In the first chapter of AGAINST DEMOCRACY, “Hobbits and Hooligans,” Jason Brennan (JB) endorses the idea, from John Stuart Mill, that we should institute whatever form of government produces the “best results” [p. 1-2]. He lists the following among the important good results that a government might produce: (a) respecting liberal rights, (b) promoting economic growth and (c) promoting intellectual and moral virtue among the citizenry.
Because he includes [a], JB is clearly thinking of consequences or outcomes or results in a very broad way that includes adherence to deontic constraints or requirements. Though at one very general level this is all fine and well, part of the evaluative picture here is supposed to be that some form of government other than democracy might turn out to be best. This picture makes sense if we are examining results or consequences narrowly construed (such that adherence to deontic constraints does not count as an outcome). It also makes sense if we suppose that democracy is merely a way of discovering, formulating and enforcing liberal rights (say, on some Lockean conception).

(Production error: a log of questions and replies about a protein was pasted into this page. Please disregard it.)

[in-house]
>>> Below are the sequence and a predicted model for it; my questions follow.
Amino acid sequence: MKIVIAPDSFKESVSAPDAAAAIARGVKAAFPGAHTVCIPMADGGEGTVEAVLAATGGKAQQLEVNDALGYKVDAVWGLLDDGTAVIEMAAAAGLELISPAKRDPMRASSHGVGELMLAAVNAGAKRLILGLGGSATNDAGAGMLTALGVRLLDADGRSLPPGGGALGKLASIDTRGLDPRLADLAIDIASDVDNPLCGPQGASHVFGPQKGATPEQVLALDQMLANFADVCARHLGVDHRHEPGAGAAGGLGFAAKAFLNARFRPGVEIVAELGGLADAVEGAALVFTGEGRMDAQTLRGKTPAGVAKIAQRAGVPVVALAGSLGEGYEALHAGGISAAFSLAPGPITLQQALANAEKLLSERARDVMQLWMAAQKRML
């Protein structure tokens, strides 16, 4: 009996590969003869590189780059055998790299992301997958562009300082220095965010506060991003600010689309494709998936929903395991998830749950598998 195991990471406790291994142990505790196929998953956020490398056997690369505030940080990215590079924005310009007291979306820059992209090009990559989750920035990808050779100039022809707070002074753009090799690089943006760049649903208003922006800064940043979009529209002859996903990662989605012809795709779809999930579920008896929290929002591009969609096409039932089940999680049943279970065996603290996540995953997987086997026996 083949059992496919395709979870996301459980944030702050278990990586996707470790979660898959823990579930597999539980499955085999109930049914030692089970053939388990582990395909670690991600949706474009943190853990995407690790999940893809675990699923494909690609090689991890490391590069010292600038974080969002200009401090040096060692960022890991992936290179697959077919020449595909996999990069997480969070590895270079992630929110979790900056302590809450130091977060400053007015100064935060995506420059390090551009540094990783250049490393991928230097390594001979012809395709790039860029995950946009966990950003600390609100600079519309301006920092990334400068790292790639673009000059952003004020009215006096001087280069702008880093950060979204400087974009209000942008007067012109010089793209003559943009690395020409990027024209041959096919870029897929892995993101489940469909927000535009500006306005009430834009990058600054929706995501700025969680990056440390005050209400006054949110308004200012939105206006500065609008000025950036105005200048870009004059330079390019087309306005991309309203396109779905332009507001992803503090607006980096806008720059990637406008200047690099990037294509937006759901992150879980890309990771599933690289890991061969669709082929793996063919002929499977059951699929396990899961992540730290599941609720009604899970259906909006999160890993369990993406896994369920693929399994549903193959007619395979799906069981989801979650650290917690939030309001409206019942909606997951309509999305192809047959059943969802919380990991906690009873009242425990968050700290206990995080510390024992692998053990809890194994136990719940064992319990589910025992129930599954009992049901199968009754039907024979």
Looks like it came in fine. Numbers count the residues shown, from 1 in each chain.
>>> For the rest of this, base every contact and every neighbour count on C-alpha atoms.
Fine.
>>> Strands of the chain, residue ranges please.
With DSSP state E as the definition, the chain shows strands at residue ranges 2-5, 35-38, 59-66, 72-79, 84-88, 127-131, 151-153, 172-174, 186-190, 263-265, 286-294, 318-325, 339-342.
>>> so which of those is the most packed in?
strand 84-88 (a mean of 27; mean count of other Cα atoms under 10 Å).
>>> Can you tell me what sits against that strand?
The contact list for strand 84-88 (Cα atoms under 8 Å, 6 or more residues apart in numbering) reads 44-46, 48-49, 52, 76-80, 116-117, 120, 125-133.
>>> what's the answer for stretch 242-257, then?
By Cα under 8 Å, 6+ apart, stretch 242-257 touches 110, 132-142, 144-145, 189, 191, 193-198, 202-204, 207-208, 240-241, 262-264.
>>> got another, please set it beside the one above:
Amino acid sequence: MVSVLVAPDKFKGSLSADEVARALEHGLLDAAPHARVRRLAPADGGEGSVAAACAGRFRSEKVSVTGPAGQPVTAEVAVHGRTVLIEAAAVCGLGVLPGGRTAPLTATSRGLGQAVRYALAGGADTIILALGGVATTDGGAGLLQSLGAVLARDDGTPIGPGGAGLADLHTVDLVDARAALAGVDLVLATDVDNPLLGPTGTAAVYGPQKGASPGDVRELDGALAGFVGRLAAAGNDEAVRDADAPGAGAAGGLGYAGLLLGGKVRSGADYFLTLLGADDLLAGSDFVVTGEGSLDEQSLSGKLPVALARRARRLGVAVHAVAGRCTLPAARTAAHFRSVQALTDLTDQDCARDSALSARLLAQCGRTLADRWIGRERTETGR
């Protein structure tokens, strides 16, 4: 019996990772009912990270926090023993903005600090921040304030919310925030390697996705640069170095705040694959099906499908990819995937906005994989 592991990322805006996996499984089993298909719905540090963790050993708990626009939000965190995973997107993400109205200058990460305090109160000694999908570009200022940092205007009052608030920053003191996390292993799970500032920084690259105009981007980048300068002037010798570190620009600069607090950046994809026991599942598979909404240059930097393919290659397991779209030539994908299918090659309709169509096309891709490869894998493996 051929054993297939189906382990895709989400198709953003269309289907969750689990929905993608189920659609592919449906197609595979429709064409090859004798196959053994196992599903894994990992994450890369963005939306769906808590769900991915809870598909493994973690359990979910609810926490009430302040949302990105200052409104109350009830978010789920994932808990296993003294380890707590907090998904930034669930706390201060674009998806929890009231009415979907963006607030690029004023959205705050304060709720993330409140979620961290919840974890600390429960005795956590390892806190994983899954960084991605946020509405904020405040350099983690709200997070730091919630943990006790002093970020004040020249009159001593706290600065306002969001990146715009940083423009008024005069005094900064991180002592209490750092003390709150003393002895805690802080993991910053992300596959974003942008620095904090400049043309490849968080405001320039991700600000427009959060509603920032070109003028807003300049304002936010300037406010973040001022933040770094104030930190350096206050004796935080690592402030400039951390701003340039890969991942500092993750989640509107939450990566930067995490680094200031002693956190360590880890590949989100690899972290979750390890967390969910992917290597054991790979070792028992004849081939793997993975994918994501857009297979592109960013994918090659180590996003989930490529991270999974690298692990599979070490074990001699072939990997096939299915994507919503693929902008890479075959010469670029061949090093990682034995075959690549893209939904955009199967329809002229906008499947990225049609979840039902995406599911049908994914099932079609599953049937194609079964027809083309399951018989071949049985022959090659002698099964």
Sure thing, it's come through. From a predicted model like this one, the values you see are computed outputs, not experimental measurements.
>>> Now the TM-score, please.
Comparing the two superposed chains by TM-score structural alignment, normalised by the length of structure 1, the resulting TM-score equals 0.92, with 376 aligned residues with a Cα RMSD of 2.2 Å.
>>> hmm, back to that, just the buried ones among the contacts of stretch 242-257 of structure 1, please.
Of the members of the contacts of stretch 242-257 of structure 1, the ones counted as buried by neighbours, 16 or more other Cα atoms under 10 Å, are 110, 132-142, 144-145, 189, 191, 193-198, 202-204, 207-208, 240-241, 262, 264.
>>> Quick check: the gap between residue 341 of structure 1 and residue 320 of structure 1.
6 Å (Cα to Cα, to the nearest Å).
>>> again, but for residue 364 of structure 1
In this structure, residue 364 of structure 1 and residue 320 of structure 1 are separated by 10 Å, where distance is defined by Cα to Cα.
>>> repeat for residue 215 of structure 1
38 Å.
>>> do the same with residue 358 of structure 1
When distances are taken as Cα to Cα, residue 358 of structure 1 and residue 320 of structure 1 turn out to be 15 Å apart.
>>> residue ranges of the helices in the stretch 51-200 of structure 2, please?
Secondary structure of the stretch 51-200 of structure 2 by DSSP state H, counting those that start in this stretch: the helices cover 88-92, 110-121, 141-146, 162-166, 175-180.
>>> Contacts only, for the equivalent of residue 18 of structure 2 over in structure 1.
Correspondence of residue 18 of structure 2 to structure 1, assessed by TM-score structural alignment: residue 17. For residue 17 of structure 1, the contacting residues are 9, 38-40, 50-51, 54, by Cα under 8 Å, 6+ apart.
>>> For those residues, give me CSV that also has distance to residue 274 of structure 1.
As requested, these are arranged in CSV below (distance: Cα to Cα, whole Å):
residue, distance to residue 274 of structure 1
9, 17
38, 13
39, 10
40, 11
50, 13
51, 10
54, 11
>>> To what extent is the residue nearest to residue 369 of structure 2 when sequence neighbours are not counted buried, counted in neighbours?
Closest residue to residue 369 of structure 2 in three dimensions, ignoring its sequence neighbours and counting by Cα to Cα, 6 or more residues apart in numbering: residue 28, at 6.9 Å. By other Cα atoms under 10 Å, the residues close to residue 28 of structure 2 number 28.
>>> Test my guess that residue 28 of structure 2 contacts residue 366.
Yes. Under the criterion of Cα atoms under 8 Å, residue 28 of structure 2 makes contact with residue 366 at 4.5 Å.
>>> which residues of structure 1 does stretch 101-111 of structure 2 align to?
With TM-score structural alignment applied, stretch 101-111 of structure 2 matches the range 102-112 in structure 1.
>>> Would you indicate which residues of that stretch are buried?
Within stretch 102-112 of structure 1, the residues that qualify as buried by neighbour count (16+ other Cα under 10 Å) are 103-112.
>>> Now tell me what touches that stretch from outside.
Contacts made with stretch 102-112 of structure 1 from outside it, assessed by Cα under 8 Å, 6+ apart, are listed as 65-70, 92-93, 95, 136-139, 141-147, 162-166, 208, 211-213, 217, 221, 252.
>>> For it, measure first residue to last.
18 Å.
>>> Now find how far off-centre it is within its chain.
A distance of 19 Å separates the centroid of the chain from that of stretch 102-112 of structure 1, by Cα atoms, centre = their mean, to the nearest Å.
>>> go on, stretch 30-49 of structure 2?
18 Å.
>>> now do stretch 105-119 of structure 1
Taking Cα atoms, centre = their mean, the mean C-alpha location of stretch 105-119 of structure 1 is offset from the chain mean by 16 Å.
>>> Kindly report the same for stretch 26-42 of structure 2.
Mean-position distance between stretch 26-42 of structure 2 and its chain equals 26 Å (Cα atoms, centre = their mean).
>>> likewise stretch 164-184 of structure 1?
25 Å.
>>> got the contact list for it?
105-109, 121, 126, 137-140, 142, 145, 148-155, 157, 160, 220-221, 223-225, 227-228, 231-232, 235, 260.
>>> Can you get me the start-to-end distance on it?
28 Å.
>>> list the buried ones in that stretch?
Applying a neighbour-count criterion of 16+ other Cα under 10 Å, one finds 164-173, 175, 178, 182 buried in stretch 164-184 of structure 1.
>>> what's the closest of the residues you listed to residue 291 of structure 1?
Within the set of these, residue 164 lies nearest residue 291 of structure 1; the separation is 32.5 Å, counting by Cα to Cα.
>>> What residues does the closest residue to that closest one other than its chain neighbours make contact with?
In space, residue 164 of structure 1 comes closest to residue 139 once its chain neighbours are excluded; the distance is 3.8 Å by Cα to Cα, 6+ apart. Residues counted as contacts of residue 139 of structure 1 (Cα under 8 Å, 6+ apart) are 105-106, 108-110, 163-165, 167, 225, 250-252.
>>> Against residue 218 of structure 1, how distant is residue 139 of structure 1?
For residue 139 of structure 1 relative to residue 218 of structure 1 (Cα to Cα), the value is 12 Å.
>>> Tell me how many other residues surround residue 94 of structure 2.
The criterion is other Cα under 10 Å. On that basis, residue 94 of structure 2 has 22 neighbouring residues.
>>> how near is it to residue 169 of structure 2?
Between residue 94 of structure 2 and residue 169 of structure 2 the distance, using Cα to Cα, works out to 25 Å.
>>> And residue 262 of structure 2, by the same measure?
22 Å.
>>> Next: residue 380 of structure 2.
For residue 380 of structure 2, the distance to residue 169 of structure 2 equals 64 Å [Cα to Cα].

But the set of liberal rights might include a right to vote! But if so then the possibility that some form of government other than democracy could beat out democracy is rather narrow and bleak. For all acceptable forms of government, on this normative scenario, are democratic. Only if there were a situation in which a government had to choose between adhering to this constraint and some more important constraint (e.g., not torturing its citizens) would some non-democratic form of government be best in some context.
All of this is obscured by JB offering what verbally appears to be a hard-nosed consequentialist standard for evaluating government – but that really is not. The effect here is that of brushing under the carpet a deontic consideration that goes something like this: in the context of collective action/activity, each participant is due a voice in how the process unfolds with regard to the important costs and benefits involved/produced.
How this requirement is best satisfied in the context of modern government is an interesting question and here I’ll provisionally agree with JB that traditional forms of universal suffrage have severe disadvantages that might, in some contexts, make them inferior to less robust forms of democracy. But we can only address these interesting issues in a realistic way with the relevant voting-rights-related constraint on collective action (specifically government action) clearly in view.
(Elsewhere, JB does address deontic justifications for democracy. In an important sense, addressing his explicit positions and arguments on this is where the action is at. My complaint here is that his verbally consequentialist standard for evaluating different forms of government is potentially confusing and obscures what is arguably the most important consideration in evaluating different forms of government.)